For example, a regular length pack may be suitable for those with a torso length of 18 to 22 inches, and a large pack for those with a torso length of 21-25. Before you buy, check the specs to see what the parameters are for each size, and then prepare yourself for some fun and games with your measuring tape and a mirror (and/or very patient friend)…
Measuring your back/torso length when fitting a backpack is done as follows:
- Locate your iliac crest by finding the top of your hip bone and tracing it around your hip/pelvis to the center of your back.
- Locate your vertebra prominent (better known as the C7 vertebra) — it’s the knobbly bone at the base of your next that sticks out when you tilt your head forward.
- Making sure to stand up straight while you do so, measure the distance between the two points and you have your torso length.
Backpacks with a less contoured back panel can quickly soak up a lot of sweat and, as a result, not only feel mightily uncomfortable and acquire odors that would make your average skunk blush in embarrassment but also gain weight on account of the water subsequently being carried in its fabric.
Manufacturers have, over the years, tried to get around this problem in many ways but the most efficient designs in terms of ventilation used molded foam back panels with a network of air channels passing across the surface area in a variety of designs.
Other packs combine this type of design with a mesh panel that helps to provide a thin buffer between your (sweaty) back and the material of your backpack, thereby boosting airflow.
Review of REI Co-Op Flash 45
Now that we’re all clued up on the ins and outs of a backpack and its main features, let’s see how the REI Co-Op Flash 45 performs in each of the categories highlighted above.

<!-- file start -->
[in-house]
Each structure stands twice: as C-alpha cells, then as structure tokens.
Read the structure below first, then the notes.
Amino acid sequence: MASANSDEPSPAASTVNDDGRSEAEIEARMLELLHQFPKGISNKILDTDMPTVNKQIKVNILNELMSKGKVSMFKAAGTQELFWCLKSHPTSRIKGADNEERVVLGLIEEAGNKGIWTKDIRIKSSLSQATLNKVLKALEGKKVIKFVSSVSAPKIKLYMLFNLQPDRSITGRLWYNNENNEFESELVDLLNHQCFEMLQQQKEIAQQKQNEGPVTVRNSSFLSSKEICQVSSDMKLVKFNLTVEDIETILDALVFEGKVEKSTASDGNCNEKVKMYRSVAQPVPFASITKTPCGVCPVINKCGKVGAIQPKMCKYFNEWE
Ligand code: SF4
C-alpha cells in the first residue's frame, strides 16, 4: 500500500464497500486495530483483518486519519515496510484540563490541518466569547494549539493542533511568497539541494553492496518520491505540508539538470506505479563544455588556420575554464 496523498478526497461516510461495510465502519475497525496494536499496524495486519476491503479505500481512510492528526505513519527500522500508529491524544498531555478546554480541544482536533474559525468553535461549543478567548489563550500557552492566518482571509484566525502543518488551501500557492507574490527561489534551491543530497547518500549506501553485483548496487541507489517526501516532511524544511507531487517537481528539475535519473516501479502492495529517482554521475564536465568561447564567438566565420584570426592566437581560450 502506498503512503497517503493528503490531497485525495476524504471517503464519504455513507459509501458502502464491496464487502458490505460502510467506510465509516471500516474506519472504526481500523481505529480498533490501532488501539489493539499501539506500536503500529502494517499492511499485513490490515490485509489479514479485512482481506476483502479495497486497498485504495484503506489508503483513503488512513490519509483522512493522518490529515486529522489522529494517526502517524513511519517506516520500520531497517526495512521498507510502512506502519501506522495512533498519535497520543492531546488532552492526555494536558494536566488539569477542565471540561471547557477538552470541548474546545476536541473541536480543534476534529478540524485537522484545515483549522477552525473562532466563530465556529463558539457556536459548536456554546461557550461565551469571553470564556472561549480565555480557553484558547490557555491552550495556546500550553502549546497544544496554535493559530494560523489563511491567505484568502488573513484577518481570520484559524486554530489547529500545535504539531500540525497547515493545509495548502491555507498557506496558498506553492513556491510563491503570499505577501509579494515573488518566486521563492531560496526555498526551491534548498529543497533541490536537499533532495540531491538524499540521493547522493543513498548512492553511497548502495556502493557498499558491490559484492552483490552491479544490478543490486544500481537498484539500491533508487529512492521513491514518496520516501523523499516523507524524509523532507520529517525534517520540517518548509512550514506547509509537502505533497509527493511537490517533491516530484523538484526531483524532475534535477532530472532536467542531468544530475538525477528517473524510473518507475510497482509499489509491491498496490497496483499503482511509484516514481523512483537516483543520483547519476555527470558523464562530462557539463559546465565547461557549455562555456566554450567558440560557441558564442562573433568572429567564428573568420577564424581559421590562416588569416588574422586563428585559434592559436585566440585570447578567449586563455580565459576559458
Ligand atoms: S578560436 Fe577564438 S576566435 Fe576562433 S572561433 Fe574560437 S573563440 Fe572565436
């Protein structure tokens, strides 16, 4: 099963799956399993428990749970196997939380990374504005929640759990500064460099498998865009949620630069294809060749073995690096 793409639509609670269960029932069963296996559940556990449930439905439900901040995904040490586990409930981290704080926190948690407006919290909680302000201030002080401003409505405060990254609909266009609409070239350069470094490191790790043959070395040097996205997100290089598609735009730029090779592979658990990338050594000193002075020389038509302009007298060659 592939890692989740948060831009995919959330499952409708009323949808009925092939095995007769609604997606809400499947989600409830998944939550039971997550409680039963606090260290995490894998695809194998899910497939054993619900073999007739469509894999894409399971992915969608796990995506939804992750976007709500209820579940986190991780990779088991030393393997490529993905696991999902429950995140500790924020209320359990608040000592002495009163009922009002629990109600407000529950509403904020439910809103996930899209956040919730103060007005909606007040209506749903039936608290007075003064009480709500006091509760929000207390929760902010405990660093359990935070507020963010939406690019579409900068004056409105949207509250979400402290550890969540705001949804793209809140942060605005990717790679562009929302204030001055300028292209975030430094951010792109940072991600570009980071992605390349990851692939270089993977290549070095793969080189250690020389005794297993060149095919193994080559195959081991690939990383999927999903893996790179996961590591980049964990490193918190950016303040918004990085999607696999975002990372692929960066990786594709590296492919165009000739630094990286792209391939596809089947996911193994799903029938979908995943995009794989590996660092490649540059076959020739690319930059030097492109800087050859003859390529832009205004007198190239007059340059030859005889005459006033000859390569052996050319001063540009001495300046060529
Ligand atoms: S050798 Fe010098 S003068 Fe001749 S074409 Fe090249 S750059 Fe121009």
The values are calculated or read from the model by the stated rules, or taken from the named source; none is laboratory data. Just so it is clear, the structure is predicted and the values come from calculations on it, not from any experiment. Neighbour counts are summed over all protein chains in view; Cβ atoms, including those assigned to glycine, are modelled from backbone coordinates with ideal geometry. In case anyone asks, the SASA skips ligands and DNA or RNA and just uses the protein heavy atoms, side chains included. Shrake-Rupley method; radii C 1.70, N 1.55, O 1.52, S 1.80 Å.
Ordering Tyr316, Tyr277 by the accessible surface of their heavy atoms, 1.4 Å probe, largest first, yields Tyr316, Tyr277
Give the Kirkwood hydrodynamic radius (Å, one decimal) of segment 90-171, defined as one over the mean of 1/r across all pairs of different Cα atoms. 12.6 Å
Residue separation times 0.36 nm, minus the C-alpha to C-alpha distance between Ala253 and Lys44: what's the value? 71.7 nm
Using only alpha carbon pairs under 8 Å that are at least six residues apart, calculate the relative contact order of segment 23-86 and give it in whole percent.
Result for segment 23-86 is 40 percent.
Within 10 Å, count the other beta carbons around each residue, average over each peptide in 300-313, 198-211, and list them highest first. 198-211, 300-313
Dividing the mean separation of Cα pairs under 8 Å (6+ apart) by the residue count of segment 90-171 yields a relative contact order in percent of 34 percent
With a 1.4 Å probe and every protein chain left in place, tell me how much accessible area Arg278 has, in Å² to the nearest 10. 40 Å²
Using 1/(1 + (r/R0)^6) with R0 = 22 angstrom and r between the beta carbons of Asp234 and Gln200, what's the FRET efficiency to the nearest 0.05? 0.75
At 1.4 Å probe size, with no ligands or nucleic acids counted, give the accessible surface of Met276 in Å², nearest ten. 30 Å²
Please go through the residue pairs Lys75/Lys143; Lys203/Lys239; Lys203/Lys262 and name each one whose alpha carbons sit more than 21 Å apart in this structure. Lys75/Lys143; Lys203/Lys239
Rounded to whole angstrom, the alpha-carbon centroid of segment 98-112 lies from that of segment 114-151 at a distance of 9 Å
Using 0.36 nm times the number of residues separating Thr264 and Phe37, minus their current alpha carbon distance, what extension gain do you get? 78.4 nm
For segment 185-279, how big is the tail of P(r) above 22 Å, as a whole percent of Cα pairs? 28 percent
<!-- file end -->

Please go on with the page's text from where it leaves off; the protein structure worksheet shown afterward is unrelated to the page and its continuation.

At 45 liters, the Flash 45 straddles the ground between a very large day pack and backpacking pack suitable for 2 or 3 nights on the trail. This kind of versatility might appeal to buyers who don’t see themselves doing any long-distance thru-hiking and want one pack that’s suitable for every outing they’re likely to be making, from a short day hike to an (at a squeeze) 3 or 4-nighter.
Weighing in at 2 lbs and 12oz, the Flash 45 is a little heavier than most other packs in its performance range that have a similar capacity.
All told, the weight-to-volume ratio in this pack is fairly poor and a definite drawback compared to more expensive models, but, given the Flash 45’s palatable price, those added few ounces may be easily overlooked for those working on a tighter budget.
The Flash 45 uses very tough, durable, 420d ripstop nylon materials in the main body of the pack, making it equal or superior to most of its competitors.
On the downside, the mesh panels and pockets on the exterior of the pack are a touch on the flimsy side and it’s not hard to envision a stray branch or sharp gear item poking or ripping right through the material should the user not exercise a great deal of care.